OnePlus One: Premium Features, Entry-Level Price - InformationWeek
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OnePlus One: Premium Features, Entry-Level Price

Chinese startup OnePlus targets would-be Galaxy S5 and HTC One buyers with inexpensive smartphone.

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Peter Lau, the CEO of OnePlus, wants to break large smartphone makers' stranglehold on the market with a new, low-cost smartphone. The OnePlus One offers all the features of devices like the Samsung Galaxy S5 and the HTC One, but at half the cost. Lau's startup is ambitious, but it faces a grueling uphill climb against established incumbents.

The OnePlus One ships with CyanogenMod, a version of Android 4.4 KitKat that's been strengthened and modified by the open-source community of the same name. CyanogenMod is very close to a stock version of Android, but it is more secure (e.g., SMS conversations are encrypted) and includes unique features such as Voice Wakeup and on-screen gestures. It looks slightly different, too, thanks to reimagined icons and graphics. OnePlus claims the One will be supported with operating system updates for two years.


The hardware boasts some impressive specs. The 5.5-inch display is protected by Gorilla Glass 3 and offers full HD resolution. Qualcomm's new Snapdragon 801 processor is under the hood, with four cores clocked at 2.5 GHz each. The processor is mated to a 3-GB RAM module. OnePlus picked a 13-megapixel Exmor camera sensor from Sony for the One. The lens has six pieces of glass and an aperture of f/2.0 for low-light performance. It can capture 4K (Ultra HD) video and uses three microphones to help eliminate noise. The front-facing camera is 5 megapixels.

[Can Samsung compete with Apple and Google in the software market? Read Samsung's Next Frontier: Apps.]

The device connects to most major GSM-based networks around the world, including AT&T's in the US, thanks to support for multiple HSPA/LTE bands. Other radios include Bluetooth 4.1, dual-band Wi-Fi and GPS. The One includes a 3,100mAh battery, but OnePlus didn't provide battery life estimates. The phone will be sold with either 16 or 64 GB of storage, but it doesn't support microSD cards. The device includes USB 3.0 and QuickCharge 2.0 for dramatically reduced charging times.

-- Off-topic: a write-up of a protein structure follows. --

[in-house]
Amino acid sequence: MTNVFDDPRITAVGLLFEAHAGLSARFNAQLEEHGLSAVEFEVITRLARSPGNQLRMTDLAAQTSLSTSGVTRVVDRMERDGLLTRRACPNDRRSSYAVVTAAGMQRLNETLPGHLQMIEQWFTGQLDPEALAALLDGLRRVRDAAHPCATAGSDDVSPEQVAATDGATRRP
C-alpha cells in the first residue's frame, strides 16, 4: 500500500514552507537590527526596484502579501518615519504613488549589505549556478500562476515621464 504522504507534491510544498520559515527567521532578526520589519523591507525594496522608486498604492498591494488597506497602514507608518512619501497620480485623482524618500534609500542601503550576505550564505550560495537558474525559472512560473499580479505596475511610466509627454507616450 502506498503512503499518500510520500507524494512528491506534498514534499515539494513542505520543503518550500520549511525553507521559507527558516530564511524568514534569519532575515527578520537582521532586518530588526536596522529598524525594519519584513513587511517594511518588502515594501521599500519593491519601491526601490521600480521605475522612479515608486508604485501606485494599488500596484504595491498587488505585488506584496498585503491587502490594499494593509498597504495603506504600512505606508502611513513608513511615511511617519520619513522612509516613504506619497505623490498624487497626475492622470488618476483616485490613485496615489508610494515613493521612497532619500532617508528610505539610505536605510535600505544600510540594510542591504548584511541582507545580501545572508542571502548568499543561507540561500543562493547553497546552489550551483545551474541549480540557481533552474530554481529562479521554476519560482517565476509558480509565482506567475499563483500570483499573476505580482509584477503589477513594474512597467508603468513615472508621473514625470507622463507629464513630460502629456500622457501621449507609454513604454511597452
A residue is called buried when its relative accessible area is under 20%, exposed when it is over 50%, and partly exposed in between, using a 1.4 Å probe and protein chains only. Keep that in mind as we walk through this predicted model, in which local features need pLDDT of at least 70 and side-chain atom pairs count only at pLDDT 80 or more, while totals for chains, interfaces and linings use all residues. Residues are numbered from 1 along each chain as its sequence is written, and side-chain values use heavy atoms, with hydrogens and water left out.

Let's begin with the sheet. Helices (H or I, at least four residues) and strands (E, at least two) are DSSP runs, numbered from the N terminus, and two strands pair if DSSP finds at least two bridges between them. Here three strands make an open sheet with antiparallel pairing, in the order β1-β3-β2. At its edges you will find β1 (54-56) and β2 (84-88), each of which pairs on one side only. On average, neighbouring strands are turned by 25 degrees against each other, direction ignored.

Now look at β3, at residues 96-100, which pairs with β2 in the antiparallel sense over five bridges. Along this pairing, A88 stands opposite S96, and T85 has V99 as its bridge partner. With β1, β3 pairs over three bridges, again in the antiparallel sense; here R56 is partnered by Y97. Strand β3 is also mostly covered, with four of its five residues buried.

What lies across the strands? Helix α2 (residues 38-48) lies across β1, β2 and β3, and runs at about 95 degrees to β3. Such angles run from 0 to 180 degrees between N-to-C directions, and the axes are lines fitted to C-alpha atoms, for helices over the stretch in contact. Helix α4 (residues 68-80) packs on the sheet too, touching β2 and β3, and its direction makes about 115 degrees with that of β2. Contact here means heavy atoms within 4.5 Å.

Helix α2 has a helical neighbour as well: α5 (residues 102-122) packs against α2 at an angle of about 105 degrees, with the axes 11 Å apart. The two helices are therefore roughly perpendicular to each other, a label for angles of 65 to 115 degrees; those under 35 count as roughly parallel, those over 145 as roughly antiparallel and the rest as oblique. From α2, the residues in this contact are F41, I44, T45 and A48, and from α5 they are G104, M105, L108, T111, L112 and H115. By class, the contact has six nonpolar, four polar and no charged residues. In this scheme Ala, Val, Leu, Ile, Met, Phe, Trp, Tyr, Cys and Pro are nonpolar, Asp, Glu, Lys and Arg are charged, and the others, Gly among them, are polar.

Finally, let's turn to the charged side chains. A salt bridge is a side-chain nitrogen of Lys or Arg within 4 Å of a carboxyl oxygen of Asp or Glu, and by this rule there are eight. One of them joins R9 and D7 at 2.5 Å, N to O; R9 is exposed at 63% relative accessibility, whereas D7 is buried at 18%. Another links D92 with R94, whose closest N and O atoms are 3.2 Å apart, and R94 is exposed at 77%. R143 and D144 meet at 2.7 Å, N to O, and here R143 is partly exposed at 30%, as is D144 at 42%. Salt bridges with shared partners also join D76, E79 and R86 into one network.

OnePlus is taking a page from Motorola by offering a wide range of back covers for the One. Some are made from bamboo, Kevlar, and even denim and cashews. The front of the device will be either black or white, but the interchangeable backplates allow owners to customize it.

The One's killer feature, however, isn't buried in the spec sheet: The device will cost only $299 for the 16-GB model and $349 for the 64-GB model. Those price points undercut the Google Nexus 5, which sells for $349/$399. More importantly, the One is half the price of the Galaxy S5, LG G2, HTC One, and other premium smartphones that retail for $649.

The One may be cheap, but it has a major disadvantage: It won't be sold by carriers in the US. Instead, OnePlus will sell the One directly through its website when the device becomes available later this year. Customers in the US typically buy their phones at carrier-owned stores. The lack of carrier support is one issue, but marketing is another. Samsung, HTC, and others have ramped up their marketing budgets to drum up sales of their flagship smartphones. As a startup, OnePlus doesn't have the ad budget to compete with the deeper pockets of Samsung and HTC. Convincing US consumers to buy a phone they've never heard of from a company they've never heard of will be challenging at best. OnePlus may have better luck in other markets around the world.

OnePlus said the One will go on sale by the end of the second quarter.

What do Uber, Bank of America, and Walgreens have to do with your mobile app strategy? Find out in the new Maximizing Mobility issue of InformationWeek Tech Digest.

Eric is a freelance writer for InformationWeek specializing in mobile technologies. View Full Bio

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User Rank: Apprentice
4/24/2014 | 4:26:32 PM
Wrong image
The picture in this article is a mockup by a forum user. It is not the actual phone that was announced on April 23rd.
User Rank: Ninja
4/23/2014 | 2:58:10 PM
Not So Fast
I disagree about the convincing consumers to buy the OnePlusOne phone will be difficult.  The amended statement should read:  Convincing CLUELESS American consumers who purchase me-too smartphones on impulse without bothering to conduct any research on better value alternatives because they are unable/unwilling to think for themselves will be difficult.

Personally, I think the OnePlusOne phone will do well with those of us who don't rush out and buy the Latest Thing because the television/radio/internet told us to. This audience will most likely include those who want an encrypted SMS device on the Android platform.  As to the Appleheads et al.  Not so much. They will continue spending a car payment per month for iGarbage.

User Rank: Apprentice
4/23/2014 | 2:54:51 PM
oneplus one
This sounds like it should be a good phone, the specs are better than many premium smartphones but the price proves that the likes of Samsung, Sony, HTC etc charge the consumer a huge amount of money to cover their ads budget, almost doubling the price. Certainly will be on my list when the time comes to replace my Nokia Limia.
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